Isaiah had prophesied that Israel would make captives of their captors and rule over their oppressors (Isaiah 14:2). Paul was doing this in that Philippian jail through the Gospel. Before the sun came up, the jailer was bowing before Paul in fear, and had been brought captive to the Lord Jesus Christ (Acts 16:29-34). (See also Isaiah 45:14.)
What had Paul discovered? When interrupted on the road to Damascus and scales fell from his eyes, he discovered the Lord Jesus Christ, the glorious Messiah. That is why Paul could sing the songs of Zion after a flogging in a foreign prison. The Gospel transformed Paul so that rather than desiring vengeance, he loved his enemy just as he had been loved. In what captivity are you called to sing songs of joy? Who are the enemy captors that you are called to love just as you have been loved?
Love the Gospel, Live the Gospel, Advance the Gospel,

Wednesday, October 31, 2012

The Missionary Work of God

Reading: Acts 13  
The title written over Acts 13:1-3 in my bible1 is, “Preparing for the Mission Field.” I think this title is a little misleading. I recommend titling it, “The Missionary Initiative of the Holy Spirit,” since what follows is far less about human preparation for the mission field than about the initiative of the Holy Spirit in mission.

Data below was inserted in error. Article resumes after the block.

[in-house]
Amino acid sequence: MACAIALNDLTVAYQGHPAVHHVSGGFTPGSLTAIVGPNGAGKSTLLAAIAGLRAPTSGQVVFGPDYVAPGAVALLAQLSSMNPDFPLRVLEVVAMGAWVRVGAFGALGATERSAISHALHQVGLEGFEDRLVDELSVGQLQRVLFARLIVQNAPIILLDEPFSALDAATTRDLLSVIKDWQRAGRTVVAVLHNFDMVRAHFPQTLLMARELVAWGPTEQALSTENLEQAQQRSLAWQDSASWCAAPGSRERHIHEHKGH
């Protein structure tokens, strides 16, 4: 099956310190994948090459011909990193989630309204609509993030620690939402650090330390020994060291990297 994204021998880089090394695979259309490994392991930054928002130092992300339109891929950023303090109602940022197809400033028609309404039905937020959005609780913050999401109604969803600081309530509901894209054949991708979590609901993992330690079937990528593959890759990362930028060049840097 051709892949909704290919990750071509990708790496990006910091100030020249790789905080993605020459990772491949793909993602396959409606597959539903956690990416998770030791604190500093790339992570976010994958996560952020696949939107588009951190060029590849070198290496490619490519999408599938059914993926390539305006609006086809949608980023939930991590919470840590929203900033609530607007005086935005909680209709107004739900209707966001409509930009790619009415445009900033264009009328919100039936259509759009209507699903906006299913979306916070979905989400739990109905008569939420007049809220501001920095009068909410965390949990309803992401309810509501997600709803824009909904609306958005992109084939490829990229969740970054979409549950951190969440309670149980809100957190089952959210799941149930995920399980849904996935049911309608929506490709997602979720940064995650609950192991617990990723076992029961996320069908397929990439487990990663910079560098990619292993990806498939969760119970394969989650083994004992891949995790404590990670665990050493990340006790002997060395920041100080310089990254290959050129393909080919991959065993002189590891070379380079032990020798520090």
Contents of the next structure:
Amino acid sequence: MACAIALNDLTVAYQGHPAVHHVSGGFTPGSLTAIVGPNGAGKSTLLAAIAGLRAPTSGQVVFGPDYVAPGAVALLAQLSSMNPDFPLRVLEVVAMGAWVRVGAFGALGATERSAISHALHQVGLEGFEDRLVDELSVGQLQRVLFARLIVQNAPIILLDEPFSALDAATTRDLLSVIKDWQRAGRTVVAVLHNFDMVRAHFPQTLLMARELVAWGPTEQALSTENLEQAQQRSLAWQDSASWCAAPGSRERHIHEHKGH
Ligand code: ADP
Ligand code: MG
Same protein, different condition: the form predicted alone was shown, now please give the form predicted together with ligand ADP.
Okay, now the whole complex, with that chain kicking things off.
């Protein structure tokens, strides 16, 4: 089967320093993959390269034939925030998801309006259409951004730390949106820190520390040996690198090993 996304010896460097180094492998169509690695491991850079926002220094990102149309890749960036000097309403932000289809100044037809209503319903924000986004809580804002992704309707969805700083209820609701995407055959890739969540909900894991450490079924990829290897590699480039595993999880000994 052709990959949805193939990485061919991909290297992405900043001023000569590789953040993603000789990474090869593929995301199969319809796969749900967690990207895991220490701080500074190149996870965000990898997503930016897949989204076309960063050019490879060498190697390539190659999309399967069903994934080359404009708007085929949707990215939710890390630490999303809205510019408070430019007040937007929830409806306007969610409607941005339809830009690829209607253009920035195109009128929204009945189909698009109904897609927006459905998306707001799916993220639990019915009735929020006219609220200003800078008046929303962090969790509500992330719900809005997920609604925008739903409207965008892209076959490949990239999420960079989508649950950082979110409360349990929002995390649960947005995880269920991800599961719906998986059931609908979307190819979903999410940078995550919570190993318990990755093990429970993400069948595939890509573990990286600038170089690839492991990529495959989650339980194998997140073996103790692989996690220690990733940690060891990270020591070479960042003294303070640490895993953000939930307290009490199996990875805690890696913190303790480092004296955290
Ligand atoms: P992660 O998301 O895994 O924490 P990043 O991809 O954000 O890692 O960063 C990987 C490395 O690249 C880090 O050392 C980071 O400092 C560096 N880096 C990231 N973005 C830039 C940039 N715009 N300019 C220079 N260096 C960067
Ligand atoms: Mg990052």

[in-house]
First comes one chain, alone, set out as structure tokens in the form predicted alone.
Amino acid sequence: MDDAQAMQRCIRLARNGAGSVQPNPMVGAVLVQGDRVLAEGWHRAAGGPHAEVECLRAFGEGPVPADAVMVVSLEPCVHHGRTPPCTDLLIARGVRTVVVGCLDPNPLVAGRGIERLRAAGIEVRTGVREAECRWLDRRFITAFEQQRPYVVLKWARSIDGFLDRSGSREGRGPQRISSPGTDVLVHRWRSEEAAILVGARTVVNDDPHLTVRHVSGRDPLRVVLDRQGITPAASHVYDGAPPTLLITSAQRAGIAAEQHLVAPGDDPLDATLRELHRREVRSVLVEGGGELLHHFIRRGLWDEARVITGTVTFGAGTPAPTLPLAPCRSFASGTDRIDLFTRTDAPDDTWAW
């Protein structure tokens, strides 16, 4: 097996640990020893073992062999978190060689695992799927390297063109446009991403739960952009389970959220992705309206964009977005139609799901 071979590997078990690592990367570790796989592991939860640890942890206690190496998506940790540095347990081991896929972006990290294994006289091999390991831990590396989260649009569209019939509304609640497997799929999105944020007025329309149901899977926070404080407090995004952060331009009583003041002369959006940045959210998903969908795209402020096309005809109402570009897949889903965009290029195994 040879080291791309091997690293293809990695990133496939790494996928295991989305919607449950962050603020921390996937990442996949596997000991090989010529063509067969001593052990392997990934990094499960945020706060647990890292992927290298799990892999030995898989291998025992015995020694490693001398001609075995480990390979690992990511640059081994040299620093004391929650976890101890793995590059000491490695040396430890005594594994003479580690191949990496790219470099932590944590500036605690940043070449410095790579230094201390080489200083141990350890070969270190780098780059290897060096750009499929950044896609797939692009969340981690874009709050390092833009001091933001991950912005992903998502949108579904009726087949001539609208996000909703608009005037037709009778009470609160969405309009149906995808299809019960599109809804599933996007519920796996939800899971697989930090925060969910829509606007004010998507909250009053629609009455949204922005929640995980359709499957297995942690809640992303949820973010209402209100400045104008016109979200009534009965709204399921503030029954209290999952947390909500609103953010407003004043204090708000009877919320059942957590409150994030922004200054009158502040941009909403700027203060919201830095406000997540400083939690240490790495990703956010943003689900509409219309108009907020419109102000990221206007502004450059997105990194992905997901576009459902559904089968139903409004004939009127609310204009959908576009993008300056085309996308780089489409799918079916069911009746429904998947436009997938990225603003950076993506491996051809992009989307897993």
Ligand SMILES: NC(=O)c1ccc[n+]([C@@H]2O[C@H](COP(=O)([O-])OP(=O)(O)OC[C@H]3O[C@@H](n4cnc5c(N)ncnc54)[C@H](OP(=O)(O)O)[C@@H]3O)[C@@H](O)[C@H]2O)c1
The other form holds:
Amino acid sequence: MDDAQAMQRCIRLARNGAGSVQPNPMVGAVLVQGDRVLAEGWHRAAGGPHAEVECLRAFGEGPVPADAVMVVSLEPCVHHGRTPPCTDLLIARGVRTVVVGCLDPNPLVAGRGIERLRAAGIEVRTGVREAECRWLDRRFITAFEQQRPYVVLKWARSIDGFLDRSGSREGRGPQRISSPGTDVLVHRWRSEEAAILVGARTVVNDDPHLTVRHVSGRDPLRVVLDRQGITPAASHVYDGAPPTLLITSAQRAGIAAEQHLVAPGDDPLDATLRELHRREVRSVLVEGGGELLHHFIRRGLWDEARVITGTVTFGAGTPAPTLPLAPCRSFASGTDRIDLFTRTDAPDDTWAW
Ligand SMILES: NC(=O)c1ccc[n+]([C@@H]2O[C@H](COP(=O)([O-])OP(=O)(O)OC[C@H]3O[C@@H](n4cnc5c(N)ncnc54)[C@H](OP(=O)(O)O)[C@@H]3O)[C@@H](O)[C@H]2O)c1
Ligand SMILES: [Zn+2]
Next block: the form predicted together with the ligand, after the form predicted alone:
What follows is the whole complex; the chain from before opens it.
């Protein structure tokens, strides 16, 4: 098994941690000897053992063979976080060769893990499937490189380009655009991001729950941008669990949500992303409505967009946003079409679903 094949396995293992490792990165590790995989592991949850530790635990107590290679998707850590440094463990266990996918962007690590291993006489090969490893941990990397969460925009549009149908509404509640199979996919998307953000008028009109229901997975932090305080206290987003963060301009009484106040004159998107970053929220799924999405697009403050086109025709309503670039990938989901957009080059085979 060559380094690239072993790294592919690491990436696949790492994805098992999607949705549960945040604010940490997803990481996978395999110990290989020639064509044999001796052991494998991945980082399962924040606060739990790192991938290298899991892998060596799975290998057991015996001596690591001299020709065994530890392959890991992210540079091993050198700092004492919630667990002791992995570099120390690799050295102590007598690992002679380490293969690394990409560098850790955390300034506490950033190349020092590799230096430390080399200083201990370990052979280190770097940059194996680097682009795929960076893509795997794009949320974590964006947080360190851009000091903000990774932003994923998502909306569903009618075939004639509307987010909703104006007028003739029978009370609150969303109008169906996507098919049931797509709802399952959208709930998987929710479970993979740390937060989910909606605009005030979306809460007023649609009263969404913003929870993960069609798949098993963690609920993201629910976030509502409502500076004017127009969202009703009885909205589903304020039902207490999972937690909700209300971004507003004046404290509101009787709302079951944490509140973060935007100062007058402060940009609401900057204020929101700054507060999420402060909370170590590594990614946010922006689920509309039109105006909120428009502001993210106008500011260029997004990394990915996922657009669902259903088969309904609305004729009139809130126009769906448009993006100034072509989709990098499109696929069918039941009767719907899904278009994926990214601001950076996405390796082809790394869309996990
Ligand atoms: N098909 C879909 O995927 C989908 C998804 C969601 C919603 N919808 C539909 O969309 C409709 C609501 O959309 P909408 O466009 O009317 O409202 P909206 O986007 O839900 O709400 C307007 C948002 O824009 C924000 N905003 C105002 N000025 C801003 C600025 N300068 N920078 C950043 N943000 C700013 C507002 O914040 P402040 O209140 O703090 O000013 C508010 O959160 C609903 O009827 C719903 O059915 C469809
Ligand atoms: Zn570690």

2While they were worshiping the Lord and fasting, the Holy Spirit said, "Set apart for me Barnabas and Saul for the work to which I have called them." 3So after they had fasted and prayed, they placed their hands on them and sent them off. 4The two of them, sent on their way by the Holy Spirit, went down to Seleucia and sailed from there to Cyprus. (Acts 13:2-4).
This initiative of the Holy Spirit in mission doesn't end once he gets Paul and Barnabas on their way. What follows reveals that this whole endeavor of spreading the Gospel is entirely dependent upon the Holy Spirit. The prayer and fasting of the disciples in Antioch were less about preparation for the mission field and more about our complete inability to advance the mission of the Gospel on our own. They were about our utter dependence on God! And whenever we are prayerless, it reveals that we think we are not utterly dependent on God to advance the Gospel.